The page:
Along this line, approval of the Foundation's budget was not an issue of contention between FAU and the Foundation until 2017 when FAU's Dr. Flynn began discussing the possibility of FAU taking on certain administrative functions of the Foundation. It is true that from 2008-2014, the full and complete budgets of the Foundation (and for that matter, the FAU Foundation) were not separately reviewed by the FAU board[.] In approximately 2014, FAU noticed it was approving the annual budgets of two of its DSOs, but it was not separately approving the complete annual budgets of the Foundation and the FAU Foundation. Once this was recognized, the full budgets of the Foundation and the FAU Foundation were reviewed and approved by FAU per section 1004.28(2), BOG Reg. 9.011(4) and FAU Reg. 6.013. In 2015 and 2016 the FAU board of trustees voted to approve the Foundation's budget. No one from the Foundation raised objections to these Foundation budget approvals by the FAU board in either 2015 or 2016.(Footnotes omitted).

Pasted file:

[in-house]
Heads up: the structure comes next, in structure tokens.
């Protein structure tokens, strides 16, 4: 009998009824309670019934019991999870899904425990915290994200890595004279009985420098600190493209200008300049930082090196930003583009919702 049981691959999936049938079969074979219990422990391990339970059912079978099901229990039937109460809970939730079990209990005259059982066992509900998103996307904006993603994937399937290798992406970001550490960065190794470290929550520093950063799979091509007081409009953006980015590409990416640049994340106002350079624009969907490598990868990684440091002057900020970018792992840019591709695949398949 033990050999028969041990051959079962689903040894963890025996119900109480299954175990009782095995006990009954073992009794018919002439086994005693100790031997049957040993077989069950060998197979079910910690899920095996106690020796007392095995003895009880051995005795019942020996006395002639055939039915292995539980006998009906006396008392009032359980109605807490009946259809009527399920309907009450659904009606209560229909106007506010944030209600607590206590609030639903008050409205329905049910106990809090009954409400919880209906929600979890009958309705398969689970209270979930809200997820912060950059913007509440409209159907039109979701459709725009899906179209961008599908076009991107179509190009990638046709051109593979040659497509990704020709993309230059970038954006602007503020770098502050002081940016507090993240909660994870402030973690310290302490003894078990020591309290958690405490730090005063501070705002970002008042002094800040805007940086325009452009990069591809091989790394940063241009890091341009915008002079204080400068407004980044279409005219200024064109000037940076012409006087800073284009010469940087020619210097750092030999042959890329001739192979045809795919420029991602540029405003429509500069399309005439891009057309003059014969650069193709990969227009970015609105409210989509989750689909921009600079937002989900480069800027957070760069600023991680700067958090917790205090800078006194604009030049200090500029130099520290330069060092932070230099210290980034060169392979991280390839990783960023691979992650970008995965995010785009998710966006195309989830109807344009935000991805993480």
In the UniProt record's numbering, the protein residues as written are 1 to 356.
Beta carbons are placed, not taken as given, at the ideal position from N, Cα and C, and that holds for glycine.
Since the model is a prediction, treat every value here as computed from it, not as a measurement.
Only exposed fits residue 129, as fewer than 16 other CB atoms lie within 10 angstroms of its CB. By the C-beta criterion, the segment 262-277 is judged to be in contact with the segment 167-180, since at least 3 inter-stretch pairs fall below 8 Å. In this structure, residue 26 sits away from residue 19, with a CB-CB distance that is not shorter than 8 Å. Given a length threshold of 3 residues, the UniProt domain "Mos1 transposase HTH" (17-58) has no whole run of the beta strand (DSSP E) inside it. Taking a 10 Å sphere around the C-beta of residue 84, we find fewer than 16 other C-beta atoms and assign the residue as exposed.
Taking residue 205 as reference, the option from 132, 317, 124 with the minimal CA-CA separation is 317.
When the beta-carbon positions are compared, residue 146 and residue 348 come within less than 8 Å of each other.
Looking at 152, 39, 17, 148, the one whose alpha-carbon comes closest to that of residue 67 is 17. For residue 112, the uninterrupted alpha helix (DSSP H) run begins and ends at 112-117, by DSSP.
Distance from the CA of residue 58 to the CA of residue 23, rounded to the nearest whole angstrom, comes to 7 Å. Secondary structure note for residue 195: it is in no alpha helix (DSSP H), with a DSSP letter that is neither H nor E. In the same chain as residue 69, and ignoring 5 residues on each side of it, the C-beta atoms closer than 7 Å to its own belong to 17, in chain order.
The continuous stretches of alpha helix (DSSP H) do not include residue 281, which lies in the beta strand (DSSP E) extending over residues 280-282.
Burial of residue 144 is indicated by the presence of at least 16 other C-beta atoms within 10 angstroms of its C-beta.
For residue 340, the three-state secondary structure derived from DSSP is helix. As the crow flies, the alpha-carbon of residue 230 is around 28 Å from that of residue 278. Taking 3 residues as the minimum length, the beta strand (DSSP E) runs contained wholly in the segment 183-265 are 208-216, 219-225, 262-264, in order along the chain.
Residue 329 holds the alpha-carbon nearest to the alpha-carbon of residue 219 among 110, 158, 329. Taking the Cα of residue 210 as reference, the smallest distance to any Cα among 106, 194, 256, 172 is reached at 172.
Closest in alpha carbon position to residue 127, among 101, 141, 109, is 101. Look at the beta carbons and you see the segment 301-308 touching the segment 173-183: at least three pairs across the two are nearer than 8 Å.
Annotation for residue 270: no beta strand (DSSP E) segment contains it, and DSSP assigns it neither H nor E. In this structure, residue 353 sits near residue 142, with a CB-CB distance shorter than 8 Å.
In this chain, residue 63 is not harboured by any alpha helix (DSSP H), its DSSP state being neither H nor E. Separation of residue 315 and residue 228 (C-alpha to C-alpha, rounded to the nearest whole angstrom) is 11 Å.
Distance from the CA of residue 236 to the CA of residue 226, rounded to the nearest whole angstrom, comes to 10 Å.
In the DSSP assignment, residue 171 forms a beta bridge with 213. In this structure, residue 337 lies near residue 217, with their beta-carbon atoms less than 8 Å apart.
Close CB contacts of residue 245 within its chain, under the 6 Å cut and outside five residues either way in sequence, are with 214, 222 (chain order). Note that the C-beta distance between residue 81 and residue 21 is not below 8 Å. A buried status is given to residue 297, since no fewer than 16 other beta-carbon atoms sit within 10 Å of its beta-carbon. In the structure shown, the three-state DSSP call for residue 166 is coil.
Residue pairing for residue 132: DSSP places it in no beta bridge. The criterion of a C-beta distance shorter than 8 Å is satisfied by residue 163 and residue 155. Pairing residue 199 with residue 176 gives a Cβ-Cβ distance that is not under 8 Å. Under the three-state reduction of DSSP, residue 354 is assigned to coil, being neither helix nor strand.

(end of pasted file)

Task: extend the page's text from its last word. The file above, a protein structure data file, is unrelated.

The trial court then addressed whether the MOU's section 4 constituted an agreement that the Foundation's operating budget was to be approved solely by the Foundation's board. Based on the language of the MOU and the trial evidence, the court determined no such agreement existed: